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Coalition Fire Departments Develop ‘Brotherhood’ While Supporting OIR

By Air Force Senior Airman Tyler Woodward, 380th Air Expeditionary Wing

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SOUTHWEST ASIA, March 20, 2017 — U.S. and Australian air force firefighters, from different installations in the same area of responsibility, have successfully created an exchange training program here in support of Operation Inherent Resolve.

U.S. Air Force 380th Expeditionary Civil Engineer Squadron firefighters and Royal Australian Air Force firefighters store equipment on a firetruck after completing a Coalition training exercise at an undisclosed location in Southwest Asia, March 16, 2017. USAF and RAAF firefighters have completed weekly exercises for nearly three months while supporting Operation Inherent Resolve. The training scenarios have developed critical firefighting fundamentals required during deployed day-to-day operations. (U.S. Air Force photo/Senior Airman Tyler Woodward)
U.S. Air Force 380th Expeditionary Civil Engineer Squadron firefighters and Royal Australian Air Force firefighters store equipment on a firetruck after completing a Coalition training exercise at an undisclosed location in Southwest Asia, March 16, 2017. USAF and RAAF firefighters have completed weekly exercises for nearly three months while supporting Operation Inherent Resolve. The training scenarios have developed critical firefighting fundamentals required during deployed day-to-day operations. (U.S. Air Force photo/Senior Airman Tyler Woodward)
U.S. Air Force 380th Expeditionary Civil Engineer Squadron firefighters and Royal Australian Air Force firefighters store equipment on a firetruck after completing a Coalition training exercise at an undisclosed location in Southwest Asia, March 16, 2017. USAF and RAAF firefighters have completed weekly exercises for nearly three months while supporting Operation Inherent Resolve. The training scenarios have developed critical firefighting fundamentals required during deployed day-to-day operations. (U.S. Air Force photo/Senior Airman Tyler Woodward) Coalition fire departments develop “brotherhood” while supporting OIR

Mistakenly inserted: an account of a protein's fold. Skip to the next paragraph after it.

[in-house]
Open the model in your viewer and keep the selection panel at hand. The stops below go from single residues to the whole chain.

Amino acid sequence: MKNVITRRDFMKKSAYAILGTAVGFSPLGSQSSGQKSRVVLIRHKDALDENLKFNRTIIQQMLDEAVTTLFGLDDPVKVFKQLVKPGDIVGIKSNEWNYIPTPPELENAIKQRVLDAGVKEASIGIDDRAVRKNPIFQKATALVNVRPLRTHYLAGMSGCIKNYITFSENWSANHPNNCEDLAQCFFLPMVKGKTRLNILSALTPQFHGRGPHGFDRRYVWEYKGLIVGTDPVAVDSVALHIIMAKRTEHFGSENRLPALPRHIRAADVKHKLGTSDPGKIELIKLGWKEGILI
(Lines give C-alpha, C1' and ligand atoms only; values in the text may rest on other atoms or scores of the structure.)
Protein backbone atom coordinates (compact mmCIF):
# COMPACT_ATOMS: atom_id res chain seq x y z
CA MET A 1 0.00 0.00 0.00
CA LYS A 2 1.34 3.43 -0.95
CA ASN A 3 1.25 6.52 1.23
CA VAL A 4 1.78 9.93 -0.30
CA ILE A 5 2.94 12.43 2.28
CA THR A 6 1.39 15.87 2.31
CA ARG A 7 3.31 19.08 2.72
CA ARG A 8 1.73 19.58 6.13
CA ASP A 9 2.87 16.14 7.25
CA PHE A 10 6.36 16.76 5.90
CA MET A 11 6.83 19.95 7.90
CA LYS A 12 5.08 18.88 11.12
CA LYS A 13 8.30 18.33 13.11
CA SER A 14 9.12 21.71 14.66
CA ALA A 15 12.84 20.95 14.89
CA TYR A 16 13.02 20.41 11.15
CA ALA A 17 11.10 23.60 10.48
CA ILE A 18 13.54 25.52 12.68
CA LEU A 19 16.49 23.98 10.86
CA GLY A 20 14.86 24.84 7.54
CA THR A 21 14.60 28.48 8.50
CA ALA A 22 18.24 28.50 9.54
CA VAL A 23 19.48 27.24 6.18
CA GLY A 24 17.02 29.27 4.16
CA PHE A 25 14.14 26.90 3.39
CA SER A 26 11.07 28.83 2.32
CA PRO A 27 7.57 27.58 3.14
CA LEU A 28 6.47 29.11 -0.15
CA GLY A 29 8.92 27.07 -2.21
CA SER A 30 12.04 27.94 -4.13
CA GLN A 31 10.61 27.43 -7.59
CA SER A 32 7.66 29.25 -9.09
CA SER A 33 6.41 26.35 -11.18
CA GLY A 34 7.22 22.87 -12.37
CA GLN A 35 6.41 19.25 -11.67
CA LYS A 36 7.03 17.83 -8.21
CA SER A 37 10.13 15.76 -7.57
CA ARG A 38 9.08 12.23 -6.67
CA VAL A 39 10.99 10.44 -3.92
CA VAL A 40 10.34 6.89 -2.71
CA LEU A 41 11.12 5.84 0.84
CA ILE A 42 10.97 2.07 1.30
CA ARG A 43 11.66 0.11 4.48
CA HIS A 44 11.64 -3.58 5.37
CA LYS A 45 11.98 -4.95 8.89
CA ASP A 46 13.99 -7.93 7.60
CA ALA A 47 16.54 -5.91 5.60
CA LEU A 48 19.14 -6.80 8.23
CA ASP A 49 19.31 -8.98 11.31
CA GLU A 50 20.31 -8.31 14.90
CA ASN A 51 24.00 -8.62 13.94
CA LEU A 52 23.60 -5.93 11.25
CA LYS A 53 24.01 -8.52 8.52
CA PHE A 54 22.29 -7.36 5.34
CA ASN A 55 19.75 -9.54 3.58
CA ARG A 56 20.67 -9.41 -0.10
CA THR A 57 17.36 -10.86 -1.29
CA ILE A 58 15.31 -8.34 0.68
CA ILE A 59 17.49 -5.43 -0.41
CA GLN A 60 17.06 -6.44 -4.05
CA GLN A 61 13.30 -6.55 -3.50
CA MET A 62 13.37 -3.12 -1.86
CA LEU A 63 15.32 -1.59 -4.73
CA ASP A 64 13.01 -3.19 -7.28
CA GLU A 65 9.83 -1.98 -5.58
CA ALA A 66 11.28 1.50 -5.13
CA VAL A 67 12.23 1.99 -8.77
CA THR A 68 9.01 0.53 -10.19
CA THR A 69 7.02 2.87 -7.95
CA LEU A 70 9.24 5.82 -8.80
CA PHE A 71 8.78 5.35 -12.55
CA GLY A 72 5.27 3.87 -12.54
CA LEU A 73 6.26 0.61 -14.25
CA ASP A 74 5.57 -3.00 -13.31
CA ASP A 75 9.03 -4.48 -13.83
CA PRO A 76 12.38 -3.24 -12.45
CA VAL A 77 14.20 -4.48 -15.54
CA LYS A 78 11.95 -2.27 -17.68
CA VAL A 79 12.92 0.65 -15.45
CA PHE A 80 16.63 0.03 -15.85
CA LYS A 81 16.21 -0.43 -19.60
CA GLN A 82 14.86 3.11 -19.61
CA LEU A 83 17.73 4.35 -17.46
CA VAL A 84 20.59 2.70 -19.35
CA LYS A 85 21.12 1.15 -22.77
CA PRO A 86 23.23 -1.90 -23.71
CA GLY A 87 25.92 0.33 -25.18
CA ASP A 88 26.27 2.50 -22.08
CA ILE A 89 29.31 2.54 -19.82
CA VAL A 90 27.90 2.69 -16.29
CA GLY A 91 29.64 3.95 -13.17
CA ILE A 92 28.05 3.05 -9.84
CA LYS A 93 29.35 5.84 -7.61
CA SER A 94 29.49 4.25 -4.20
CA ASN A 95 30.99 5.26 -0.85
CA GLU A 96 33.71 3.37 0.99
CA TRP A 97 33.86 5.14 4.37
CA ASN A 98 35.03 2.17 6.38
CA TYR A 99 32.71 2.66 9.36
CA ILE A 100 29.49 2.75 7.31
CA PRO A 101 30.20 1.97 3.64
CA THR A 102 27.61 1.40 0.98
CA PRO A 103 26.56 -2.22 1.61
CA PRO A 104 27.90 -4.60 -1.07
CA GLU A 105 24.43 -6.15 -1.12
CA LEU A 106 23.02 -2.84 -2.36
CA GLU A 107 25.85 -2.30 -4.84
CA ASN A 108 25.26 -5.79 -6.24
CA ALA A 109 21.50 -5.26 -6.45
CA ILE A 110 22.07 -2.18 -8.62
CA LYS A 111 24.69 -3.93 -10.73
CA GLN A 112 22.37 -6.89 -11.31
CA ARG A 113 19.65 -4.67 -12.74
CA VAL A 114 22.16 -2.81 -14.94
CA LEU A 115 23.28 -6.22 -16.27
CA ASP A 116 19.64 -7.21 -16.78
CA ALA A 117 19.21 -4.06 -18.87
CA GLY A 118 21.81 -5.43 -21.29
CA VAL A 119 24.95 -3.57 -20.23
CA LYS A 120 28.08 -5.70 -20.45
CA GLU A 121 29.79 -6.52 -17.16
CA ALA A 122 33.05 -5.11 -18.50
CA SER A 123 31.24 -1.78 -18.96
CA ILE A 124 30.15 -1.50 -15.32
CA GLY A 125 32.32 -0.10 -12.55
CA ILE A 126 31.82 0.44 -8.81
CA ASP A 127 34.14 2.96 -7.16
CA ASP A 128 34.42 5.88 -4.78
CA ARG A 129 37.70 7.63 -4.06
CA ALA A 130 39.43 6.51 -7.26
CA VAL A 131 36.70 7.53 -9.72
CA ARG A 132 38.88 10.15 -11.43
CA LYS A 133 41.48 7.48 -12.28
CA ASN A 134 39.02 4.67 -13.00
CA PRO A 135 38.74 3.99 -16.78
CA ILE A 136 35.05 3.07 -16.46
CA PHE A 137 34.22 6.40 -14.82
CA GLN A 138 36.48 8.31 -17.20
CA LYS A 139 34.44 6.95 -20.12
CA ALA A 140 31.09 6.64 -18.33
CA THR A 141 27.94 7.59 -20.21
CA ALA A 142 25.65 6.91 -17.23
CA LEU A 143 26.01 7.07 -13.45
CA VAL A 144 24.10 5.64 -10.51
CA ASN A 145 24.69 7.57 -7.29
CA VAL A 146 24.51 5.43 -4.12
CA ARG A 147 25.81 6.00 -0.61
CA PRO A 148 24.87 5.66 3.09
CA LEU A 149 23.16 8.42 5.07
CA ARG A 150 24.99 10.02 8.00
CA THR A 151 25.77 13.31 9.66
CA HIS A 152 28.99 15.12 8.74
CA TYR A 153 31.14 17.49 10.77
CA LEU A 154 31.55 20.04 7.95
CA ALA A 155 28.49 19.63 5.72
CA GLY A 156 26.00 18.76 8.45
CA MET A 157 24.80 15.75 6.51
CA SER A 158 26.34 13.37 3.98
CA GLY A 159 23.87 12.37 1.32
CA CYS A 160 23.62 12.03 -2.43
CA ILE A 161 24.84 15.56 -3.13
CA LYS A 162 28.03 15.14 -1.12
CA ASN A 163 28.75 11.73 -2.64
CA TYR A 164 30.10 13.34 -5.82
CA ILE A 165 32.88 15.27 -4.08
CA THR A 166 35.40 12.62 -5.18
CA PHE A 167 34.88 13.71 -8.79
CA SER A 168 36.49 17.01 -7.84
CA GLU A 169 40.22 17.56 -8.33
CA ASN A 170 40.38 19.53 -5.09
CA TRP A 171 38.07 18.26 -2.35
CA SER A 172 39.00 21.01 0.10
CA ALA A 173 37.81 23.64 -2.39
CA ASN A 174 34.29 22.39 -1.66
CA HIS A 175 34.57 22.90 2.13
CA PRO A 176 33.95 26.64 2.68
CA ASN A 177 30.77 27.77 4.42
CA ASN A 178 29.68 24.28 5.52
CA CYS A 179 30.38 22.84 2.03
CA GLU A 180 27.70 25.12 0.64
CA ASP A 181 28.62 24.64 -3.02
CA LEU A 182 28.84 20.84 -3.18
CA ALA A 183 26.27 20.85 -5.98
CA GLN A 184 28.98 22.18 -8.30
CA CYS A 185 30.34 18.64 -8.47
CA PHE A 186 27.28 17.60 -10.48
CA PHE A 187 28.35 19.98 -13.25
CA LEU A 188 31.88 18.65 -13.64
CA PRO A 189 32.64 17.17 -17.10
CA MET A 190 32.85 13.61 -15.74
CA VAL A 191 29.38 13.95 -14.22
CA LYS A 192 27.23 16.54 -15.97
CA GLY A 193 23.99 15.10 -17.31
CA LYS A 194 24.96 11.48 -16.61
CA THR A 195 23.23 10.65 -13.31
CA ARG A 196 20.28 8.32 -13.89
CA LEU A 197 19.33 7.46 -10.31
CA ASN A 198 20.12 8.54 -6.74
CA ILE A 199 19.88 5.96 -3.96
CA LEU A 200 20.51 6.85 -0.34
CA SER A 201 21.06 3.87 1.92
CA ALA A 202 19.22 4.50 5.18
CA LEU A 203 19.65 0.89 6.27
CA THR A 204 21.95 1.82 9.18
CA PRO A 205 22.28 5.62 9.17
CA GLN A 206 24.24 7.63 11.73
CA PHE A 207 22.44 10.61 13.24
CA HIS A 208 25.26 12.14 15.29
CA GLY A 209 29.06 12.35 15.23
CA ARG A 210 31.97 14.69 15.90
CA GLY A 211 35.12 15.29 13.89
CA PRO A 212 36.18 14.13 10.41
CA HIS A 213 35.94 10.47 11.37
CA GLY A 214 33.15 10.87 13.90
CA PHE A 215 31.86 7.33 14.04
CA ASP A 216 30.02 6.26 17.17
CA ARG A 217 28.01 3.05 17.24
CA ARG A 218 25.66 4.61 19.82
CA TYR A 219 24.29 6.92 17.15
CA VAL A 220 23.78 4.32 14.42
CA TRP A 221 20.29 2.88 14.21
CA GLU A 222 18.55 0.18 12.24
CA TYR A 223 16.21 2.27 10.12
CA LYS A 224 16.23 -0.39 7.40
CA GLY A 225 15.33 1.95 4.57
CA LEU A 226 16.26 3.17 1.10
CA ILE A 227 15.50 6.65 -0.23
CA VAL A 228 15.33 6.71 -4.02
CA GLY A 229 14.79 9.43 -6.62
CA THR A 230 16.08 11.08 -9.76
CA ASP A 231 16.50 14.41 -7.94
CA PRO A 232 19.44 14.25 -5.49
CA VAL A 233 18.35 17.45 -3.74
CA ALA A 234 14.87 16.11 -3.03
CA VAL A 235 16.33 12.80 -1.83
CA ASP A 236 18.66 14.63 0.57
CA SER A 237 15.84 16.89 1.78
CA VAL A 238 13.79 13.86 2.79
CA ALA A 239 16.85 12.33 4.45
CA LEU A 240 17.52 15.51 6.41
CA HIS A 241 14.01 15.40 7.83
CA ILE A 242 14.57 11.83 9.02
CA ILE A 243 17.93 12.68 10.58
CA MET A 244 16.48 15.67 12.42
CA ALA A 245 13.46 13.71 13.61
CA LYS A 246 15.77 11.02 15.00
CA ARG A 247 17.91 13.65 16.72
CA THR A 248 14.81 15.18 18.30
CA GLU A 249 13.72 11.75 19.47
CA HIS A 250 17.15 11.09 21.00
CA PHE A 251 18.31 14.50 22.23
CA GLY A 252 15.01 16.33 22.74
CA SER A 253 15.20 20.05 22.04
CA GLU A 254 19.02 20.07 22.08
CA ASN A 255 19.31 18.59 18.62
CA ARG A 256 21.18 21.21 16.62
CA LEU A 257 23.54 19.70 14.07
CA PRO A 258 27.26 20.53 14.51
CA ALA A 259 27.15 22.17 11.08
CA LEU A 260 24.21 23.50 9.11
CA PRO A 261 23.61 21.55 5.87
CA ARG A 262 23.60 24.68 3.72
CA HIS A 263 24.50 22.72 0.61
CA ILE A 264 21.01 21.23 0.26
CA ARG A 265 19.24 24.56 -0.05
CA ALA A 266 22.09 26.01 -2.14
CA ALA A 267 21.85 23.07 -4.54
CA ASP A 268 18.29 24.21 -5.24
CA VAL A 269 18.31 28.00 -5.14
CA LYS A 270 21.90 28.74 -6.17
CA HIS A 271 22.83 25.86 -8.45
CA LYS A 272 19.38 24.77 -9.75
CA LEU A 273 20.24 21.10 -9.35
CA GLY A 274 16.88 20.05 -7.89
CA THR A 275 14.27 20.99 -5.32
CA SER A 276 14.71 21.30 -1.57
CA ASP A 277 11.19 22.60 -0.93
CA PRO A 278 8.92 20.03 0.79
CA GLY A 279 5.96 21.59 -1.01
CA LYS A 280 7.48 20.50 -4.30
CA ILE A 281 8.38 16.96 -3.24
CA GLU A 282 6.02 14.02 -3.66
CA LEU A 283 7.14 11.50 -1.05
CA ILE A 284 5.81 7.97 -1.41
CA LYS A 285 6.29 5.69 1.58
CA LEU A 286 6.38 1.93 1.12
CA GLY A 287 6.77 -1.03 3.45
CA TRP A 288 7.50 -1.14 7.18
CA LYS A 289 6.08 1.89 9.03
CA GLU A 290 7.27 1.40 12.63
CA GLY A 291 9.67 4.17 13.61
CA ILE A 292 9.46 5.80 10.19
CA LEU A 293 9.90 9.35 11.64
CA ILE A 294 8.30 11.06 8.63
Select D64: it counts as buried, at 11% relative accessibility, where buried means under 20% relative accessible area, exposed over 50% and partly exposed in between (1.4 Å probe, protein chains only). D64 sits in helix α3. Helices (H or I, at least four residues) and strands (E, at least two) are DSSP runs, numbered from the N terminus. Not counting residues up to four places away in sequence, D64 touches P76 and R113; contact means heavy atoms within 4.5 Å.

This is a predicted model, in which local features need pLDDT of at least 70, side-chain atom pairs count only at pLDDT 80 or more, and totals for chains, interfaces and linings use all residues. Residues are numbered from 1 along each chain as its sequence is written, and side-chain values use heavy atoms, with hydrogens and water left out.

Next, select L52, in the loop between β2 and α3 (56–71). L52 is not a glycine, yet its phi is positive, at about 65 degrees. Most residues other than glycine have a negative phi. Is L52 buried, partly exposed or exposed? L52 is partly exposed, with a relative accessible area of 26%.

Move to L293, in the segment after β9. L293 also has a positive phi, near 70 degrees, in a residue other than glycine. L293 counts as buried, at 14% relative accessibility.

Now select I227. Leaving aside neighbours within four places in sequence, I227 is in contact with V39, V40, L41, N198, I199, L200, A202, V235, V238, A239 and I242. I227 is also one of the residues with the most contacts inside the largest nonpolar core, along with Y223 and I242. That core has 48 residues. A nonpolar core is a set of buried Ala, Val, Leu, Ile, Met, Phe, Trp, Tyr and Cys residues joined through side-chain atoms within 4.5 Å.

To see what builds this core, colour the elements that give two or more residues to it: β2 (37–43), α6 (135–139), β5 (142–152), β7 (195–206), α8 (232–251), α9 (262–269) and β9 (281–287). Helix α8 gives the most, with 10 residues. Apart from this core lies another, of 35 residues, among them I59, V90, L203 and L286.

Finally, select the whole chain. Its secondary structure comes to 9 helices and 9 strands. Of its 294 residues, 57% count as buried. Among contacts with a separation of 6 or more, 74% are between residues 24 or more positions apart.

U.S. Air Force 380th Expeditionary Civil Engineer Squadron firefighters and Royal Australian Air Force firefighters store equipment on a firetruck after completing a Coalition training exercise at an undisclosed location in Southwest Asia, March 16, 2017. USAF and RAAF firefighters have completed weekly exercises for nearly three months while supporting Operation Inherent Resolve. The training scenarios have developed critical firefighting fundamentals required during deployed day-to-day operations. (U.S. Air Force photo/Senior Airman Tyler Woodward)

380th Expeditionary Civil Engineer Squadron firefighters trained alongside Royal Australian air force firefighters from a nearby logistics installation on a weekly basis for the last three months.

Air Force Senior Master Sgt. Todd, a fire prevention inspector with the 380th Expeditionary Civil Engineer Squadron, helped develop the exchange program with RAAF fire manager Flight Sgt. Evans.

“This experience, even just as a coordinator, has been awesome and I have made friends that I'm sure will last the rest of my life,” Todd said. “No matter where I go, or what country I'm in, I can walk into a fire house and be among my brothers. The brotherhood of being a firefighter is universal and even over comes language barriers.”

Sharing Firefighting Techniques

The multinational firefighters share differing techniques and firefighting fundamentals while serving day-to-day in a deployed environment.

“It doesn't matter what country or fire service you’re from. We are all one big brotherhood when it comes to being firefighters, irrespective of nationality,” RAAF firefighter Sgt. Humphry said. “I hope that this interaction continues with each and every rotation, because the door has been opened for a continuing dialogue between the two nations and services, which have a common goal.”

The training exercises focused on responding to emergencies on active flightlines, procedures for fighting structure fires and developing an environment that fosters the growth of relationships.

“It is a priceless opportunity to be able to forge bonds and build lifelong relationships with military service members from other countries,” U.S. Air Force firefighter Tech Sgt. Christopher said. “The fire service is an ever-changing career field, so any opportunity we have to expand and build upon the basic fundamentals especially from coalition forces is priceless.”

Service members from both nations shared an interest in continuing the training opportunities between the installations in the future.

(Editor’s Note: For security reasons, military personnel in this story are not identified by last name.)